An out of tune piano can also affect a person's learning in terms of developing good aural skills.  A piano with an action mechanism that shows wear and is in need of regulating will also affect a person's learning in terms of developing good technique, even touch and even tone volume.  A piano with uneven action and keyboard regulation will have an uneven touch, which means an uneven tone.  The touch weight of the keys are often too heavy.  Those pianos are not "played" with, but are "fought".  There is a danger here of developing bad habits to make up for the short comings of the performance of the piano.  On the other hand, a beautifully tuned piano together with an action mechanism that is well maintained and regulated on a regular basis will be a joy to play, as it is much more pleasing to the ear and it will respond to the pianist's fine emotional musical expressions from the softest pianissimo to the loudest fortissimo.  It will motivate and inspire the player to further explore the piano and its repertoire.  Regular regulating and tuning of your piano will help to maximise its value for potential future trade-in or sale.

Tuning stability

It is important to realize that pianos that have drifted radically off-pitch will usually go out of tune quickly after they are tuned. Those pianos require several tunings within a short space of time to settle down, as the warped soundboard and bridges and stretching strings need to restabilize.  In comparison, you would not expect an overgrown two feet tall grass "lawn" to look like a bowling green after one cut.  A piano that is tuned every six months will have a greater tuning stability than a piano that is neglected for two years and is tuned three times in one month.  Additional time and tunings will be required when a piano has been moved to another climate zone, home or even a different room. Pianos are very sensitive to changes in relative humidity which occurs continuously all day, every day.  A perfectly tuned piano can be out of tune within one hour if the relative humidity has changed too much.  Any acoustical stringed instrument will never stay perfectly in tune for long.  This is why every acoustical instrument is tuned every time it is played, except a piano.  For some unknown unreasonable reason many people expect a piano to stay in tune for a year or longer.  A piano has about 235 strings which vary tremendously in thickness, length and tension, and is far more complex to tune and keep stable than any other instrument.  If a brand new piano in excellent structural condition, is radically off-pitch and/or out of tune, it will take a number of tunings to get the piano to stay on pitch and keep it in tune.  If a fairly young aged piano or older piano has loose tuning pins, loose bridge pins or has cracks in the soundboard, the tuning will be less stable, unstable, or is simply untunable.  Bridge pins on top of the bridge can also become loose from frequent swelling and shrinking of surrounding wood.  When a bridge pin is loose, the sound quality of that string is dramatically reduced and fine tuning that string has become impossible.  The string is under high tension and pushes against the loose pin. The loose pin vibrates inside the wood and causes the string to produce different pitches (a vibrato like tone). Tuners call this a "false" or "self beating" string.  There are three strings to the note (trichord) in the tenor and treble.  If one, two or even three strings in the same note have a beat of their own, that note cannot be tuned to a perfect unison.  Self beating strings cannot be eliminated by tuning and your piano will never sound as good again as when it was brand new, unless the bridge is repaired.  This is usually a costly exercise and is only done if the piano is worth restoring. To avoid loose bridge pins and self beating strings in the first place, or prevent the bridge from cracking, have a Climate Control System installed inside your piano, preferably from the day it was brand new.  High string tension constantly pushing against the bridge-pins will cause the bridge to crack over time if the humidity inside the piano is not constantly kept stable.  Cracked bridges destabilize the tuning even more.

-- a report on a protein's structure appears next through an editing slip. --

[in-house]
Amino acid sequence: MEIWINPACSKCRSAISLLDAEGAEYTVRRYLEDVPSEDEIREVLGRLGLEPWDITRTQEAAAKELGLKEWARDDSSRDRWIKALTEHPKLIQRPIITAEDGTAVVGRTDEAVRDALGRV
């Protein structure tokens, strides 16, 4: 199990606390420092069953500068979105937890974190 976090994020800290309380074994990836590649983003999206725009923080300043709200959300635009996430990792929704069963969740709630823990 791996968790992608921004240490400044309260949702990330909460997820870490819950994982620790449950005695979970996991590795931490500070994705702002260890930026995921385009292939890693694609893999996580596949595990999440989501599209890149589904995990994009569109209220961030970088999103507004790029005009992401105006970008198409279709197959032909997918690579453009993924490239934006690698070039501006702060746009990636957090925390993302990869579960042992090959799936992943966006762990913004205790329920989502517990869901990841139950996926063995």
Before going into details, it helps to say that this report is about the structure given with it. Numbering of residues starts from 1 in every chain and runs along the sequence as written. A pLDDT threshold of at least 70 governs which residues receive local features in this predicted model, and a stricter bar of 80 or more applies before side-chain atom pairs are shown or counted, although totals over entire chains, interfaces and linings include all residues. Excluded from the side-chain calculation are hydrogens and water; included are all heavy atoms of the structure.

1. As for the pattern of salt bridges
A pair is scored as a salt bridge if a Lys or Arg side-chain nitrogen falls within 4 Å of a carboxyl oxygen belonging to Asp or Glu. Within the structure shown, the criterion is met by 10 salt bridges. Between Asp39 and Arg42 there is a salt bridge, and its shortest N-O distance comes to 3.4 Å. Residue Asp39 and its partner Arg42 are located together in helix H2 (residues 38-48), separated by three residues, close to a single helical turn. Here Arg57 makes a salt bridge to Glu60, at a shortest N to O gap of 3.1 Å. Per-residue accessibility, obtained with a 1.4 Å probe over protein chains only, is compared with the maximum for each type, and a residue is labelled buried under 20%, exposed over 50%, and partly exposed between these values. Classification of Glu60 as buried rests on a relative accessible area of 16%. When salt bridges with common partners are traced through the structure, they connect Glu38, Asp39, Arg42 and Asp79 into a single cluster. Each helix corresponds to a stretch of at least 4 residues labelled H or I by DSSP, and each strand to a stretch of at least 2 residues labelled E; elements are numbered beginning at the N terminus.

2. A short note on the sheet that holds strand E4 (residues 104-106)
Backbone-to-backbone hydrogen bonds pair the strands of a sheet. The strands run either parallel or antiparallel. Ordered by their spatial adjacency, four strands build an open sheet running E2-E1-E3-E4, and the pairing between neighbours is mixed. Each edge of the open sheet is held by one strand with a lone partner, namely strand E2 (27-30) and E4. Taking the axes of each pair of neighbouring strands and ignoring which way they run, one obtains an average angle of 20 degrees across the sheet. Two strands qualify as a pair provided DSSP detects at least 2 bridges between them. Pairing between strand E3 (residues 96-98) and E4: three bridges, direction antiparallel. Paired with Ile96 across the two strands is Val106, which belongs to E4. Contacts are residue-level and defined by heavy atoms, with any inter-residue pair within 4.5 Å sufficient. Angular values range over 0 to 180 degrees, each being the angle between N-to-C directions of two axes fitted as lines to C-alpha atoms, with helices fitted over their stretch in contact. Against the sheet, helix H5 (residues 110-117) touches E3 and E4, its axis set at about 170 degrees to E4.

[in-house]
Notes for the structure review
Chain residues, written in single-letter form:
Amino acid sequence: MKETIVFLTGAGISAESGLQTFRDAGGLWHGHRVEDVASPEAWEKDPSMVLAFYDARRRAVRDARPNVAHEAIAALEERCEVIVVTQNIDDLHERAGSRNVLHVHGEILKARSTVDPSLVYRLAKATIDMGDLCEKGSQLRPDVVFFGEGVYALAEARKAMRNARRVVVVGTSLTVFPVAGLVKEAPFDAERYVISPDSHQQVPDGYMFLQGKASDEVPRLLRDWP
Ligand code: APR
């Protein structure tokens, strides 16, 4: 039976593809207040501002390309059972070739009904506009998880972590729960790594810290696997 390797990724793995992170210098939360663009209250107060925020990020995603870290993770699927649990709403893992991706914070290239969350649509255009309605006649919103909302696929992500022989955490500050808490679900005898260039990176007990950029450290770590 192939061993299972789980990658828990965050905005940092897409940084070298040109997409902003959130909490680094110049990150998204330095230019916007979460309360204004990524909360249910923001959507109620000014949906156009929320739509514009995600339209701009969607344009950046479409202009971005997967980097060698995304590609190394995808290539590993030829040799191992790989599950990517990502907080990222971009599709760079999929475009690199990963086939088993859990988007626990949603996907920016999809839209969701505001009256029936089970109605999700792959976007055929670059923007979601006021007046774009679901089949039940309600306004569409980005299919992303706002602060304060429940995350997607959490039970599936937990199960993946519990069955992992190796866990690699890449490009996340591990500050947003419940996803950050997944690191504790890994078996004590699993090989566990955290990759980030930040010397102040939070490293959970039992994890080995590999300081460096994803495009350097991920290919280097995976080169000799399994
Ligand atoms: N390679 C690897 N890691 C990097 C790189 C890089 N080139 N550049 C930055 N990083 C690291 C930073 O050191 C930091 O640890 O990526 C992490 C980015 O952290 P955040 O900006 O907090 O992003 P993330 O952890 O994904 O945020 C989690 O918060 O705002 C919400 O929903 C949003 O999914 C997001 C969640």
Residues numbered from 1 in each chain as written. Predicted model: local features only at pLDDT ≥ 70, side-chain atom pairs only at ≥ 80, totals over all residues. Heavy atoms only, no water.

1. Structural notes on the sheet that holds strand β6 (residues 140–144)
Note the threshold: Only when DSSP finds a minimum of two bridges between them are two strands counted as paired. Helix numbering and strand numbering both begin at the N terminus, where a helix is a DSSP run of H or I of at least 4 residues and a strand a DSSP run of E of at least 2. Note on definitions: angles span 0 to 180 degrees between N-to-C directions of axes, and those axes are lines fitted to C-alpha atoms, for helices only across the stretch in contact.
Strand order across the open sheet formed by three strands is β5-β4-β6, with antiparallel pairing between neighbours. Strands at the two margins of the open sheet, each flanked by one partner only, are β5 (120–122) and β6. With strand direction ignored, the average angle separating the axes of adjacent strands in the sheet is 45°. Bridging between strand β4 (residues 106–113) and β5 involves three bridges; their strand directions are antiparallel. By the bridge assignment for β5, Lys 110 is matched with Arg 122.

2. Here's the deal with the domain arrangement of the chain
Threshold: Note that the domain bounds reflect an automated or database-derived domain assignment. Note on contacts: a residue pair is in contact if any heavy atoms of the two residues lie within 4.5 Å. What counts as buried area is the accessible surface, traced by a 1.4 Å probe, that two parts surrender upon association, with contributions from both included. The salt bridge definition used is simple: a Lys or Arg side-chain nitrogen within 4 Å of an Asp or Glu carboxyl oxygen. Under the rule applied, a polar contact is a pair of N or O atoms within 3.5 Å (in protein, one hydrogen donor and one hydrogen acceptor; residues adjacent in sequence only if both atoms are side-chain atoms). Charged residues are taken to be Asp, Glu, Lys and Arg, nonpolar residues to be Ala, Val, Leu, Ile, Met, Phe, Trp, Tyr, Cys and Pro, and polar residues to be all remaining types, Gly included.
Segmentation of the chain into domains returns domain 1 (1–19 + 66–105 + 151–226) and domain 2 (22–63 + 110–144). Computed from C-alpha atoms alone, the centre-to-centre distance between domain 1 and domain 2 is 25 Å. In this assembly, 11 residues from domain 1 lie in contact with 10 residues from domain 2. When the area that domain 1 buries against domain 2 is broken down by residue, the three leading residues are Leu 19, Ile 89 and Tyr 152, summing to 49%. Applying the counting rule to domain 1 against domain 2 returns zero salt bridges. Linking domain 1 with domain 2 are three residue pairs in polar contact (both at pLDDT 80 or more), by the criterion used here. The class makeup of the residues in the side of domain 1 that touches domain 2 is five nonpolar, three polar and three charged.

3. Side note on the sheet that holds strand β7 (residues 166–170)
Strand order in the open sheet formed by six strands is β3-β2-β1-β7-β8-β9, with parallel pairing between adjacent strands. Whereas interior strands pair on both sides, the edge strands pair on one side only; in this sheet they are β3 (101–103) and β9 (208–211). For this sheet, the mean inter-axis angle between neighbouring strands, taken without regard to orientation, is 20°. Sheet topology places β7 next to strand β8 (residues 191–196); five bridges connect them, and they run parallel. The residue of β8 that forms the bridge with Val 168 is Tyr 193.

Please go to our link "The environment" to learn how humidity affects pianos.